Who is the microscopic answer to the Blue Man group? Find out in this week's blog post!
Well, they sure weren't cute little carrot colonies.
There was a serious dichotomy to this week's work. Everything either turned out fabulously or fell flat on its face. Let's start with Cell Culturing:
The carrots look like an entirely successful experiment in growing mold and bacteria, so it was back to the drawing board on that one. And I'm seriously mourning my lovingly-tended CHO cells. I have a feeling that next week I'll be doing the Chinese hamster ovary equivalent of flushing good bye during a gold fish burial at sea. After babying those cells, speaking softly and sweetly, playing light jazz (not really) and subculturing oh-so-gently, I betrayed them by attempting a calcium phosphate transfection and they were not happy about it.
First, we made two separate solutions. Solution A was 36 ?L of 2M CaCl2, 20?g of the DNA containing that lovely fluorescent gene I was telling you about, and 300 ?L DI H2O to bring it up to volume. Solution B was 300 ?L 2X Hepes Buffered Saline (HBS). We added Solution A dropwise to Solution B while bubbling air through the mixture with another pipette and I think this is where it all went wrong. My solution was blue and I didn't realize until afterward that everyone else's solution was clear. After investigation, I noticed that the blue filter in my pipette tip was dislodged and hanging out at the bottom of the tip, which means that the blue color I assumed was the result of a chemical reaction was just dye from the filter. Sigh.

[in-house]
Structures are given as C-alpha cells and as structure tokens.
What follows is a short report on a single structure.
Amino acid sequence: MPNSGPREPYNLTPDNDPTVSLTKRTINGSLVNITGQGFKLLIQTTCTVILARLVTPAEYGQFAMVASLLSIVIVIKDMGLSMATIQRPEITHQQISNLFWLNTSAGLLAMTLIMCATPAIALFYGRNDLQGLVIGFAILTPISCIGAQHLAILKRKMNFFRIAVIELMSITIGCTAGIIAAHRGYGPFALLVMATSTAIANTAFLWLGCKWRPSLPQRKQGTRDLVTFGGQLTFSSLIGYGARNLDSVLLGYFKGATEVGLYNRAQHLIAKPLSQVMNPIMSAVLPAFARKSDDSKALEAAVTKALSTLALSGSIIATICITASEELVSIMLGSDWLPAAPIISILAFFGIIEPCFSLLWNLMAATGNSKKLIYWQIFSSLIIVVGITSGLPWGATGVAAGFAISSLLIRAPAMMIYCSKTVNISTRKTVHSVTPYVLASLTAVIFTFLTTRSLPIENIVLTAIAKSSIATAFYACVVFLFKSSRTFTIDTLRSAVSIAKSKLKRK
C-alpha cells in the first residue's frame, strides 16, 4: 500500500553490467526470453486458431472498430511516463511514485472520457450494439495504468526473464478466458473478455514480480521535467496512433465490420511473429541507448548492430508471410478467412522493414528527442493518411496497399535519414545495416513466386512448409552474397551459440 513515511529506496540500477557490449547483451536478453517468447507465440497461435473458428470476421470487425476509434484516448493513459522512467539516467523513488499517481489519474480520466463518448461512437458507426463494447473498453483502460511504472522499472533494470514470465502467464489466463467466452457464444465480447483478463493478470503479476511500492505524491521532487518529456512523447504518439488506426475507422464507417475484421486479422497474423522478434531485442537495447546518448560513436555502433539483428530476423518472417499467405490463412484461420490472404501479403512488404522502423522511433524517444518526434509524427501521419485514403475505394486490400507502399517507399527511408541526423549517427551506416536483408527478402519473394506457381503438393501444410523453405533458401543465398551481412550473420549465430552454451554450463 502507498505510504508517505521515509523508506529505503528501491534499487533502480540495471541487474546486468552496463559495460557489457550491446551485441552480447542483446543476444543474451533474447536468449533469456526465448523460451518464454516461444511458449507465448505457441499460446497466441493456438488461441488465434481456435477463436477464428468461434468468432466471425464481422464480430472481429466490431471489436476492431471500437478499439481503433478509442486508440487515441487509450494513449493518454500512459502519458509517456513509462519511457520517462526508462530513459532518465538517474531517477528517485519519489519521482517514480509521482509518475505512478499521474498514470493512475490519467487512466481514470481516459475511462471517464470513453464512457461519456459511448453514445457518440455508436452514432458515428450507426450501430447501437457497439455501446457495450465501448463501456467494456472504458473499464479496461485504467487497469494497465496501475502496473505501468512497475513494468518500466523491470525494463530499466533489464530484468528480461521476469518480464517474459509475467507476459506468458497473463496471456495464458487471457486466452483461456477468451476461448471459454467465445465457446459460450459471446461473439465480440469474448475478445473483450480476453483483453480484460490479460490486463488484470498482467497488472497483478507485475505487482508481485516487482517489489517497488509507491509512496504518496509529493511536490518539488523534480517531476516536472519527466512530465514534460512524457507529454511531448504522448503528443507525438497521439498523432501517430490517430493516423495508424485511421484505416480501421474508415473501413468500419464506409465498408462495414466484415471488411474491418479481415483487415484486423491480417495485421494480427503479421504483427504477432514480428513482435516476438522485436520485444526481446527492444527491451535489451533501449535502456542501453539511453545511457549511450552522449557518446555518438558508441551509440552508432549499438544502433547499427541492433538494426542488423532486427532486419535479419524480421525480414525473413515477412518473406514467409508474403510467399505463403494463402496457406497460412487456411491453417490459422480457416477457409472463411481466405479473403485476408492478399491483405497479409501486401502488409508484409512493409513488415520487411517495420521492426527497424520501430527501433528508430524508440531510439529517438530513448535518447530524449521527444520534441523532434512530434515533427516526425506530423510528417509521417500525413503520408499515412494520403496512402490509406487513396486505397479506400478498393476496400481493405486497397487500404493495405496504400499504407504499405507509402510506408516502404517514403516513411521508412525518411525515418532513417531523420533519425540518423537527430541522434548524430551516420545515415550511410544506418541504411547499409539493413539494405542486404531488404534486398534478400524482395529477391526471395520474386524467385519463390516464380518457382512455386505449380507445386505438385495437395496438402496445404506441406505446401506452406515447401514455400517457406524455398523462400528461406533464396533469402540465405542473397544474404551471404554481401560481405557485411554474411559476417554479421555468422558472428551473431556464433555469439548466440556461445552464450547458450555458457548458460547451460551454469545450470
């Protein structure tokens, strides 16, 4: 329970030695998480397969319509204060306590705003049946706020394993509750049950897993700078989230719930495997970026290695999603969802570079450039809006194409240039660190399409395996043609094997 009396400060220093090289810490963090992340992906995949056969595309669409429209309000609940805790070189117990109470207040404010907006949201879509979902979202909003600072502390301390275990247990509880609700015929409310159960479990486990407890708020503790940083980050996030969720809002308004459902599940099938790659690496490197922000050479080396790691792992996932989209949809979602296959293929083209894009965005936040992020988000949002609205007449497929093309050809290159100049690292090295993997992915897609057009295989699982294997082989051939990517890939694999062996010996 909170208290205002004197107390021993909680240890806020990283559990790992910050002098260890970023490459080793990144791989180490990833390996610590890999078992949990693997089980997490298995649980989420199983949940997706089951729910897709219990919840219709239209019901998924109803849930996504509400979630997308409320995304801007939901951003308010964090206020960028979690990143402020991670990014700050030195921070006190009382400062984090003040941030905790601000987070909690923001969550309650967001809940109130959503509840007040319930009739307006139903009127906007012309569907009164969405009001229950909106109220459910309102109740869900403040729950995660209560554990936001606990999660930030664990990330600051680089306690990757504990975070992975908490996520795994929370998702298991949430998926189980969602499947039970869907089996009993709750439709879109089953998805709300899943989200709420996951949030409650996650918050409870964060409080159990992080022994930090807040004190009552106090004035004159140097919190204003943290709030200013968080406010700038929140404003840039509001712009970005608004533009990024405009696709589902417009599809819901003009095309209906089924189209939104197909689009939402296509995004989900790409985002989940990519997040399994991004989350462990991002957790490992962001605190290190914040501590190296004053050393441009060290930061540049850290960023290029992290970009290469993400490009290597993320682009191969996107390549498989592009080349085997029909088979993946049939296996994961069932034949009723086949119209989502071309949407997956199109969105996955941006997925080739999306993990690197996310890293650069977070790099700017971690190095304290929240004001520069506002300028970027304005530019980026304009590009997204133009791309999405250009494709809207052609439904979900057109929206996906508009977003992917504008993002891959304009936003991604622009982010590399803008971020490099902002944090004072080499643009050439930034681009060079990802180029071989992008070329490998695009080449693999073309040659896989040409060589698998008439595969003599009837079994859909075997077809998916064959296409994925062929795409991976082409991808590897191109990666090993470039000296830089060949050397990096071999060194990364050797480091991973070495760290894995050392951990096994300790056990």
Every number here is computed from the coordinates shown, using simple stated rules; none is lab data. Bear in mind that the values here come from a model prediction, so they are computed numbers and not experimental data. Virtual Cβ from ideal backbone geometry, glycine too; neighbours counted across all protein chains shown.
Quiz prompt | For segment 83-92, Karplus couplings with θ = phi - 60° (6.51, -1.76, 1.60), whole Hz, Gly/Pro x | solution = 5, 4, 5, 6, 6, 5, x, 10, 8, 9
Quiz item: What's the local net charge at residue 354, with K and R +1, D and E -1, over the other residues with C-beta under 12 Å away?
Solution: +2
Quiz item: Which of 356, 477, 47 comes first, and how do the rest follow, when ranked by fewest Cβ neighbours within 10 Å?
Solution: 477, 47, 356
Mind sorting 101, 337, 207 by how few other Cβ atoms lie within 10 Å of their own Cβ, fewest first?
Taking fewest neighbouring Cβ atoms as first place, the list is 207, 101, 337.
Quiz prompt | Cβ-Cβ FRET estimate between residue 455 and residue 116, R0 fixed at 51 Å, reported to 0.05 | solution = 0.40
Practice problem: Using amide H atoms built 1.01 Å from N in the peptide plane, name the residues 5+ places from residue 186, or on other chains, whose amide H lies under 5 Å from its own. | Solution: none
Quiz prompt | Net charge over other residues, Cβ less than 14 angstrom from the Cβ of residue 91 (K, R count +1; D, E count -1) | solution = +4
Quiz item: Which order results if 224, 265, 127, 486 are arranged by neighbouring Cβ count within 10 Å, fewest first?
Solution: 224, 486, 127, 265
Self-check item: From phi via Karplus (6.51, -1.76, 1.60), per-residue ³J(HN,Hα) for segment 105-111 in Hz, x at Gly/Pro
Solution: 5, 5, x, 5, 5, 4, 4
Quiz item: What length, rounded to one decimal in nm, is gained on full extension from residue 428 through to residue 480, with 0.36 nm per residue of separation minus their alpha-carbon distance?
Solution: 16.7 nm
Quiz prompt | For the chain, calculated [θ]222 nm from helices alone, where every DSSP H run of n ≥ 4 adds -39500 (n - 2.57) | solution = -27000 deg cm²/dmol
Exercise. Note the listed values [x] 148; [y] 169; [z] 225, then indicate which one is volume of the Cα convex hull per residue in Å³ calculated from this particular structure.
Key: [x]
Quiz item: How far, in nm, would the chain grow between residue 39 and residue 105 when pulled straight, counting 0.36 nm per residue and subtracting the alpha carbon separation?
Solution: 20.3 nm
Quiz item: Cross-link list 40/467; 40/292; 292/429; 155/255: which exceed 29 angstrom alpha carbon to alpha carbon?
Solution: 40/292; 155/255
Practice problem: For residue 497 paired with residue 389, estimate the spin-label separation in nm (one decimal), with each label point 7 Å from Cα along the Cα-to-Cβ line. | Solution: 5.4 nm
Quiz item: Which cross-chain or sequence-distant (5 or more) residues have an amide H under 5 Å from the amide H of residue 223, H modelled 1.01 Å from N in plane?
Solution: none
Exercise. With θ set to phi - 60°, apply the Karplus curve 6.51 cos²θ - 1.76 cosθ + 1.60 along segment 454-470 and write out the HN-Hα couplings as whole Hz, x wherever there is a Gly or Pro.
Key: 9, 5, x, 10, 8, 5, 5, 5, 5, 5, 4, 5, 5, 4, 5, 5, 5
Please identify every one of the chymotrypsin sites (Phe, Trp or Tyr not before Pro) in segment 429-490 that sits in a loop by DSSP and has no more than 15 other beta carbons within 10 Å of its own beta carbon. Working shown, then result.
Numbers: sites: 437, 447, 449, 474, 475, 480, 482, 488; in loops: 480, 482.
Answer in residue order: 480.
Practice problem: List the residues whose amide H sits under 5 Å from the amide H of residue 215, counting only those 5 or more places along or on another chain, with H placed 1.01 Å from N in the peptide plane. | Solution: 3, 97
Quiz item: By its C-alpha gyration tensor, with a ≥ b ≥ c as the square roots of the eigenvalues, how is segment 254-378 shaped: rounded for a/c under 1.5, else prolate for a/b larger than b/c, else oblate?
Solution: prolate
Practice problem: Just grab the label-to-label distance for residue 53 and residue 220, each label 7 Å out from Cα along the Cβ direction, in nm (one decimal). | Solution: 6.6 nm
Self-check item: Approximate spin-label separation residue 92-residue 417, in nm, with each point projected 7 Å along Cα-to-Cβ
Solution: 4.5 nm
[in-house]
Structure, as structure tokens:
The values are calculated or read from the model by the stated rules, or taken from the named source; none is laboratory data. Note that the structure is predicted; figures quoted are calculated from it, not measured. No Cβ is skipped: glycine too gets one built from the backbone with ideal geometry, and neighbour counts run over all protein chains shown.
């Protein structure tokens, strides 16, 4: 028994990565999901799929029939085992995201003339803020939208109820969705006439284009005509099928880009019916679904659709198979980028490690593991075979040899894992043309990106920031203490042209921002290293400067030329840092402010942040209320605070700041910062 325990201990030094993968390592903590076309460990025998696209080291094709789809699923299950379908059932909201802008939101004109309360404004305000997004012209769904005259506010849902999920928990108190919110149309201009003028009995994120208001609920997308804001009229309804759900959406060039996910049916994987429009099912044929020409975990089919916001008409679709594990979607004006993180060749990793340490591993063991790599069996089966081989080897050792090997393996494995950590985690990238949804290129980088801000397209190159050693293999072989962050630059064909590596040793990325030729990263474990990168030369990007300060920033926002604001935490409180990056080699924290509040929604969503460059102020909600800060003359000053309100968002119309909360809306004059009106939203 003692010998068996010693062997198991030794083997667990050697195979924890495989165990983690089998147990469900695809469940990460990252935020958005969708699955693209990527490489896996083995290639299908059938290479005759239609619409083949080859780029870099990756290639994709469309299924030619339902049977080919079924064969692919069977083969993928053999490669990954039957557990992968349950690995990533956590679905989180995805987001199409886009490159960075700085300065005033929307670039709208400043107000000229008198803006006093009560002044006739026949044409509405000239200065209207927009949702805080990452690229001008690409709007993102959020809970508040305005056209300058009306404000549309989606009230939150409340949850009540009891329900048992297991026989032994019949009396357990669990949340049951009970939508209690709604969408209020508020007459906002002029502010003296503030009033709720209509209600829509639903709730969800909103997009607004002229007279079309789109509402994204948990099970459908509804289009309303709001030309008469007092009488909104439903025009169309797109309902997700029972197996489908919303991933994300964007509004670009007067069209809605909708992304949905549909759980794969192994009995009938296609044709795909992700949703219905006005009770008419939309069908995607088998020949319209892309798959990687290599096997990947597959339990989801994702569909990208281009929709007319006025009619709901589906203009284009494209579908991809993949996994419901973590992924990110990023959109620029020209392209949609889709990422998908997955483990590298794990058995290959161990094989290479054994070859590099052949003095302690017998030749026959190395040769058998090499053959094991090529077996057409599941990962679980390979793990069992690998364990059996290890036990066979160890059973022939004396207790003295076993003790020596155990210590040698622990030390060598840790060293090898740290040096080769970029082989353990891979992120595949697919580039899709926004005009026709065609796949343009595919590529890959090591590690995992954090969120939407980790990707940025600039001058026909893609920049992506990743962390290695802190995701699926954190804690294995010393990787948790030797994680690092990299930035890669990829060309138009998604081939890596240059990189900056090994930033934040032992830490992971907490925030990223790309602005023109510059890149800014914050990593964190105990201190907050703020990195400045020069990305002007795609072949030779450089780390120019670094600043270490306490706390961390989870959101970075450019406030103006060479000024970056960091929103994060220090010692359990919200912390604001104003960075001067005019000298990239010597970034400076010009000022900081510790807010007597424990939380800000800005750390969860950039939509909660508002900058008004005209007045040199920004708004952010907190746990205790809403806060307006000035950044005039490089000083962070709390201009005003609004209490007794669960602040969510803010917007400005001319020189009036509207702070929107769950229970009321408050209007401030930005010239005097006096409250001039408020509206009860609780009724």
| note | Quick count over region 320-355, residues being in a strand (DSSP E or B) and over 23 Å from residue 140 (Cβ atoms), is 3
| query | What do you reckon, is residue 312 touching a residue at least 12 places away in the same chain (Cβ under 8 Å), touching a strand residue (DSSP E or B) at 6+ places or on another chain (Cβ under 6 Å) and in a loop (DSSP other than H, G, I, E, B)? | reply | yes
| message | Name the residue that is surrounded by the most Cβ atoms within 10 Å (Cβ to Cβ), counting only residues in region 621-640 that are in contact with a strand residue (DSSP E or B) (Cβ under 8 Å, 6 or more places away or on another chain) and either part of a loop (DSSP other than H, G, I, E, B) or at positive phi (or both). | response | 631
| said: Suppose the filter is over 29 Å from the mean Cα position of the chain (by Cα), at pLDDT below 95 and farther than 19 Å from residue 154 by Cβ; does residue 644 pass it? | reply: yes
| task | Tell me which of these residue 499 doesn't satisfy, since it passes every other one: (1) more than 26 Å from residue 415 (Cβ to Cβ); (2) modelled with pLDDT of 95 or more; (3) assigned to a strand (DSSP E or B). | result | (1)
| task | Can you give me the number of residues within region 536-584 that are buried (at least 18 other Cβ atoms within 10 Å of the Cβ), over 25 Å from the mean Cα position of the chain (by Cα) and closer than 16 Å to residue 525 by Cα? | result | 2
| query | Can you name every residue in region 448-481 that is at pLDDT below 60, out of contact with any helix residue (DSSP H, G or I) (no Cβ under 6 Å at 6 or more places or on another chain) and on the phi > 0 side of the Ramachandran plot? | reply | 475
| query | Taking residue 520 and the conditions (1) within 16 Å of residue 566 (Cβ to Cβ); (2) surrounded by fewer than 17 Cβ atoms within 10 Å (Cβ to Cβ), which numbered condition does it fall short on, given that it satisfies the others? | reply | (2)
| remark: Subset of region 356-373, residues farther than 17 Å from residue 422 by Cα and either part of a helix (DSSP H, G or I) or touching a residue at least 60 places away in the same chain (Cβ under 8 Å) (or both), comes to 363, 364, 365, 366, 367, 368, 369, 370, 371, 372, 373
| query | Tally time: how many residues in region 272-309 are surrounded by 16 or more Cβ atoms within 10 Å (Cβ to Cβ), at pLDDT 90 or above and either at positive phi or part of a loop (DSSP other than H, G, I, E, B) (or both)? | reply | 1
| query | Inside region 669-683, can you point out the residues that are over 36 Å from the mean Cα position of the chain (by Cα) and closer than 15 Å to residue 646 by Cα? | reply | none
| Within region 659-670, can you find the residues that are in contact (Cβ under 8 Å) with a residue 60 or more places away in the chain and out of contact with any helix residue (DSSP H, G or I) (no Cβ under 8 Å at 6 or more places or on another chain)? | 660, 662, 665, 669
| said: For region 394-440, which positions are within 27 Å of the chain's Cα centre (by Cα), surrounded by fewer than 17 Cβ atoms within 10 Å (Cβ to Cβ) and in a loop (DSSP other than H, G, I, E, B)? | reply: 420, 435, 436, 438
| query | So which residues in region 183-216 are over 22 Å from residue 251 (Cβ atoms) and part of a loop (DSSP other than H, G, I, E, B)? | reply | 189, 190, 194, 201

Anyways, my blue solution was incubated at room temperature for 30 minutes and then dribbled all over my CHO cells. I'm sure the poor little things recoiled in horror when they realized I was inviting the microscopic world's answer to the Blue Man Group to come take up residence in their homes. We then incubated them overnight at 37?C in a humidified CO2 incubator. When we checked out our handy work on the FLoid, here's what mine looked like:
Here's what it should have looked like:
Thankfully, my classmates are generous when it comes to sharing results.
The kicker is that we selected for the cells harboring the fluorescence by introducing Gentamicin (G418), so even though my instructor assured me that after the weekend I may be pleasantly surprised by the survival of some of my cells, I'm thinking I'm gonna be bugling TAPS for the little gals.
But perhaps their deaths were not in vain. In Mo Bio my competent E. coli JM109 cells evidently witnessed the carnage wrought across the hall in Cell Culturing and figured out quickly which side their bread was buttered on, because when I added 10 ?L of 0.005 ?g/?L pAMP plasmid DNA, they took it up BEAUTIFULLY and promptly began growing on LB AMP agar.
Guess they knew what was good for them.
In other news, I am seriously stoked to say I've been afforded the opportunity to meet some of my Bio-Link buddies at the ATE conference in October (Dr. Sandra Porter and Jennifer Newsted, we seriously need to get a coffee together).